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Publication numberUS5144129 A
Publication typeGrant
Application numberUS 07/630,843
Publication dateSep 1, 1992
Filing dateDec 20, 1990
Priority dateDec 25, 1989
Fee statusLapsed
Also published asEP0435195A2, EP0435195A3
Publication number07630843, 630843, US 5144129 A, US 5144129A, US-A-5144129, US5144129 A, US5144129A
InventorsHiroyuki Kobayashi, Koichi Kanaya, Norio Baba, Mitsuo Ogasawara
Original AssigneeHitachi, Ltd.
Export CitationBiBTeX, EndNote, RefMan
External Links: USPTO, USPTO Assignment, Espacenet
Method of focusing adjustment
US 5144129 A
Abstract
An electron microscope comprising an electron gun for generating an electron beam, an irradiation lens system for irradiating a specimen with the electron beam, means for obtaining an image signal of the specimen, a frame memory for storing the image signal, means for obtaining a total accumulation function, which indicates the sum total of accumulated values in a plurality of one-dimensional directions, and in which each of the accumulated values in the plurality of one-dimensional directions indicates accumulation with respect to a frequency of a function obtained by applying one-dimensional Fourier transform to a function obtained by projecting two-dimensional intensity distribution of said image signal in corresponding one-dimensional direction thereof, and means for obtaining a substantial extreme point of the total accumulation function.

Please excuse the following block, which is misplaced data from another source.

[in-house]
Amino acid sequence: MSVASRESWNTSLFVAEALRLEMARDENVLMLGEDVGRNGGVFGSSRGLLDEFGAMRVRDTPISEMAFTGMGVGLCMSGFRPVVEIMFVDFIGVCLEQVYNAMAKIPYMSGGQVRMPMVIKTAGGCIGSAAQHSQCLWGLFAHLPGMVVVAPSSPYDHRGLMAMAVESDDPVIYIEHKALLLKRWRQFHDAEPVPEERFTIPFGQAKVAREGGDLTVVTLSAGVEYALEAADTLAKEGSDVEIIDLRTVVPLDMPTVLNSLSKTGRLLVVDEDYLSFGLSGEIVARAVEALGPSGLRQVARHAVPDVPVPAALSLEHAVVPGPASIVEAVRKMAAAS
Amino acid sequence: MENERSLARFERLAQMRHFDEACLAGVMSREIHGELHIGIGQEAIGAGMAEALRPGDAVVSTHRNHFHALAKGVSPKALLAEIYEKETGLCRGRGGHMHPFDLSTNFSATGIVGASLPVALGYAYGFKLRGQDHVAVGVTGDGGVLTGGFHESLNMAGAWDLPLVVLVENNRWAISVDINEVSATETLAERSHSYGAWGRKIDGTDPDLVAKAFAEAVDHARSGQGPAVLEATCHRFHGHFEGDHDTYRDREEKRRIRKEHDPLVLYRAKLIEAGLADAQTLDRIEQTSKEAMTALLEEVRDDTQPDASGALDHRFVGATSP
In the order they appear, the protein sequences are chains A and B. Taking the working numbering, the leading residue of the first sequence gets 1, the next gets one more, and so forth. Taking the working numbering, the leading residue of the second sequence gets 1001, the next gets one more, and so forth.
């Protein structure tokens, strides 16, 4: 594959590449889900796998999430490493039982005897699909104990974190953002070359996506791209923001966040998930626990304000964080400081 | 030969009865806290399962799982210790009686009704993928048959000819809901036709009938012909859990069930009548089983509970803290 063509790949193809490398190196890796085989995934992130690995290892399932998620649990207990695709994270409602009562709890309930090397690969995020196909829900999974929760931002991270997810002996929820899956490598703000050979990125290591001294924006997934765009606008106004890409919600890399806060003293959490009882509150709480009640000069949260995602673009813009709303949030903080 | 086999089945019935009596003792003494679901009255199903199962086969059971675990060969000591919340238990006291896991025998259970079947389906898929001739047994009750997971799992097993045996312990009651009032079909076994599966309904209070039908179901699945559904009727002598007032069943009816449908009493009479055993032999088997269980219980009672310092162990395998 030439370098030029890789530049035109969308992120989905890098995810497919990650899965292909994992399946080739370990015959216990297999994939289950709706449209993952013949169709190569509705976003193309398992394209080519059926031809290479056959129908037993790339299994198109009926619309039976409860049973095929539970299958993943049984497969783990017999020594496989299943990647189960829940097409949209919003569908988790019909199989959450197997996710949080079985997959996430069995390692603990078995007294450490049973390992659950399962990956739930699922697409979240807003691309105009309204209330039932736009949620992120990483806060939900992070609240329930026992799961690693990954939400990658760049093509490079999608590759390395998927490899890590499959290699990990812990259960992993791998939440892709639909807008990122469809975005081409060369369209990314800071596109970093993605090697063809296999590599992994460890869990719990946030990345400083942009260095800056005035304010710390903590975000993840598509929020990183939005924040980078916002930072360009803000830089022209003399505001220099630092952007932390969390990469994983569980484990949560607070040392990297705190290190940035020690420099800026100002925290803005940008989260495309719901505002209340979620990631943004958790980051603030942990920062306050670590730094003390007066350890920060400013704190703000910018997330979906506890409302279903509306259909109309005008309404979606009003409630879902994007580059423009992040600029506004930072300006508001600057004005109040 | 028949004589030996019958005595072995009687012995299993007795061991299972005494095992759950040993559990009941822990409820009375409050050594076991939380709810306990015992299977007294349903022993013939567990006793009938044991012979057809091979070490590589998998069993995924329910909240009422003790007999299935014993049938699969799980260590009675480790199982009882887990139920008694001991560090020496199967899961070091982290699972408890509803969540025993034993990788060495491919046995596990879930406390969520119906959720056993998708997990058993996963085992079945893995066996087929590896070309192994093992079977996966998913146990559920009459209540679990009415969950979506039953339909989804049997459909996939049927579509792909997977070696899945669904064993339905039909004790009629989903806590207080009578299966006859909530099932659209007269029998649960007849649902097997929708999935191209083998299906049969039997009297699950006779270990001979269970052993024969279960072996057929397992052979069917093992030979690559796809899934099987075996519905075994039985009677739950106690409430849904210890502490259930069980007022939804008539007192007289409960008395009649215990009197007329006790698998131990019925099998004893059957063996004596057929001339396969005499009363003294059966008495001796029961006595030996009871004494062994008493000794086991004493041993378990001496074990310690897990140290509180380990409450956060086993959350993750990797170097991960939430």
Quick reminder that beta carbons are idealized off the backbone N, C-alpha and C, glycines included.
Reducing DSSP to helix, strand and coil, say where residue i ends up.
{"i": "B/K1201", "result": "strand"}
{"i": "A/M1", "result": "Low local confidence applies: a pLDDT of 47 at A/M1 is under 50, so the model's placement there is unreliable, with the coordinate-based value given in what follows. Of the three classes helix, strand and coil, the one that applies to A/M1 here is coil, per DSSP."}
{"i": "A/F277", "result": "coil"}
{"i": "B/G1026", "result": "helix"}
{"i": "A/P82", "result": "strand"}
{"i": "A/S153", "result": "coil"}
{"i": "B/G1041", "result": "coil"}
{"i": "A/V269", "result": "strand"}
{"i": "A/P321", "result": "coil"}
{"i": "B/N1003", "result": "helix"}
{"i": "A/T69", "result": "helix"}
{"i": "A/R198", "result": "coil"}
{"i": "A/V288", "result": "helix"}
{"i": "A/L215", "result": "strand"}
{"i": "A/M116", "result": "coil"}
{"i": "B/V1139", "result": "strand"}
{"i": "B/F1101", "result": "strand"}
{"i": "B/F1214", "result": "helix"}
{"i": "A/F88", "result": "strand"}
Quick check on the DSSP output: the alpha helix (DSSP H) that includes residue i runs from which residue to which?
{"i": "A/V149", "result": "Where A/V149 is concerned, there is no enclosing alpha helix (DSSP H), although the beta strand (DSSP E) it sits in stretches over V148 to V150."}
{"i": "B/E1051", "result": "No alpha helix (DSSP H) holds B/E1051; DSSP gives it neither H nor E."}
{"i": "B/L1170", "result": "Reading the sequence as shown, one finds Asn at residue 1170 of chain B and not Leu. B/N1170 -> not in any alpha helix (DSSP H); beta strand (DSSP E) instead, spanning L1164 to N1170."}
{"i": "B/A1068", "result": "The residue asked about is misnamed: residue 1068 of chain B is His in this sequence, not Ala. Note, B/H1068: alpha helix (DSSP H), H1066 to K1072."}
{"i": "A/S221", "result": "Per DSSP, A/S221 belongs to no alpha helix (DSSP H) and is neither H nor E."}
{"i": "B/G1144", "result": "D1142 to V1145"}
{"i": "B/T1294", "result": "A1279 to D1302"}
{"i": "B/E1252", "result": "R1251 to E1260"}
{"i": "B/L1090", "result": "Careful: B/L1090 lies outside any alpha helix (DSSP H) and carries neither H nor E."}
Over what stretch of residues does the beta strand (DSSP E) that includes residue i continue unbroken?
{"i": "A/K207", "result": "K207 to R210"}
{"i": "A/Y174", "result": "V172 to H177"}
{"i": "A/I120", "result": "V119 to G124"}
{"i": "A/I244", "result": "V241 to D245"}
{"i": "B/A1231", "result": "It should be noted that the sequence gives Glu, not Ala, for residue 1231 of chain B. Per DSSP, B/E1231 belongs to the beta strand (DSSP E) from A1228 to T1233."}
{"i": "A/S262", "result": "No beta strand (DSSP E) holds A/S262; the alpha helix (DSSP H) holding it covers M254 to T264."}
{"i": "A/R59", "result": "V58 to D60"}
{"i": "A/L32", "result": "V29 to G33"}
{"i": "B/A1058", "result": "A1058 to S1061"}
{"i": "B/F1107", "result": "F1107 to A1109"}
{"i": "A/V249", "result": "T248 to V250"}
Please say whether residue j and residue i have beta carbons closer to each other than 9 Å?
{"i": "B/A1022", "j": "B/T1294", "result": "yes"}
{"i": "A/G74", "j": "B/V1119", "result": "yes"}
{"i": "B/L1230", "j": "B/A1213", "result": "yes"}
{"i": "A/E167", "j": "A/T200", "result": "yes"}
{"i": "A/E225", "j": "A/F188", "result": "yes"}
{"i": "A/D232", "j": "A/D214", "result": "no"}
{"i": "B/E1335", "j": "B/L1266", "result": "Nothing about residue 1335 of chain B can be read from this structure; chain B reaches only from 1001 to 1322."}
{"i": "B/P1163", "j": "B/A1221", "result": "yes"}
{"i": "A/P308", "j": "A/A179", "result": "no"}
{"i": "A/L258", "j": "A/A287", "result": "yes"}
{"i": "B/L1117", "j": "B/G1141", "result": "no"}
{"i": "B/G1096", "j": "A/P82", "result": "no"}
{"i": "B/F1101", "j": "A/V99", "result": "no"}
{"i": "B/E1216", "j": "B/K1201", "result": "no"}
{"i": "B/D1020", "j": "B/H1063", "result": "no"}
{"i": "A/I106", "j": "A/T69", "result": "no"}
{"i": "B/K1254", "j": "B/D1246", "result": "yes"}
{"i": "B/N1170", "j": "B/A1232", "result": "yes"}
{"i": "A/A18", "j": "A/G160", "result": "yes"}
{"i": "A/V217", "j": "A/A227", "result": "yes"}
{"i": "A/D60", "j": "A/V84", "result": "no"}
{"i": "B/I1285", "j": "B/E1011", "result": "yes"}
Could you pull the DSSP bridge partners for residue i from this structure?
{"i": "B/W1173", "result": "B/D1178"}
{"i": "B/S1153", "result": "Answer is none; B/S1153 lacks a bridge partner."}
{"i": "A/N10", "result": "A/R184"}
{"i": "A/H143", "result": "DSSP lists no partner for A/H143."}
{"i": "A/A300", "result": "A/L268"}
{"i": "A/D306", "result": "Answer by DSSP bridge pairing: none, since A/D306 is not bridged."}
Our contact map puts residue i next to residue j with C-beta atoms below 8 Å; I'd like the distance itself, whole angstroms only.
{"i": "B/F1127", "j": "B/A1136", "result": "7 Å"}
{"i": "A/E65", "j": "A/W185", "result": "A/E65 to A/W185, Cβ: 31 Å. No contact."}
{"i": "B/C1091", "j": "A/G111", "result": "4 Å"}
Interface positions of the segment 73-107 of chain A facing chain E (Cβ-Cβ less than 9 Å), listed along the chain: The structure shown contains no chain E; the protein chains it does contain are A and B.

Images(4)
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Claims(6)
We claim:
1. A method of focusing adjustment/astigmatism correction of an electron microscope comprising the steps of:
(a) accumulating, in a predetermined one-dimensional direction, intensities in a two-dimensional intensity distribution of an image obtained by said electron microscope at a predetermined focal point;
(b) applying Fourier transform to an accumulated function obtained in step (a);
(c) accumulating functions after the Fourier transform of step (b) to obtain an accumulated value;
(d) changing the focal point of said electron microscope by a predetermined amount and repeating said steps (a) to (c) to obtain a curve of the accumulated values as a function of one of an amount of defocusing and an amount of astigmatism for different focal points; and
(e) determining one of a proper focus position and a position of minimum astigmatism based on one of an extreme point and a substantial center position of symmetry of said curve of the accumulated values.
2. A method of focusing adjustment/astigmatism correction comprising the steps of: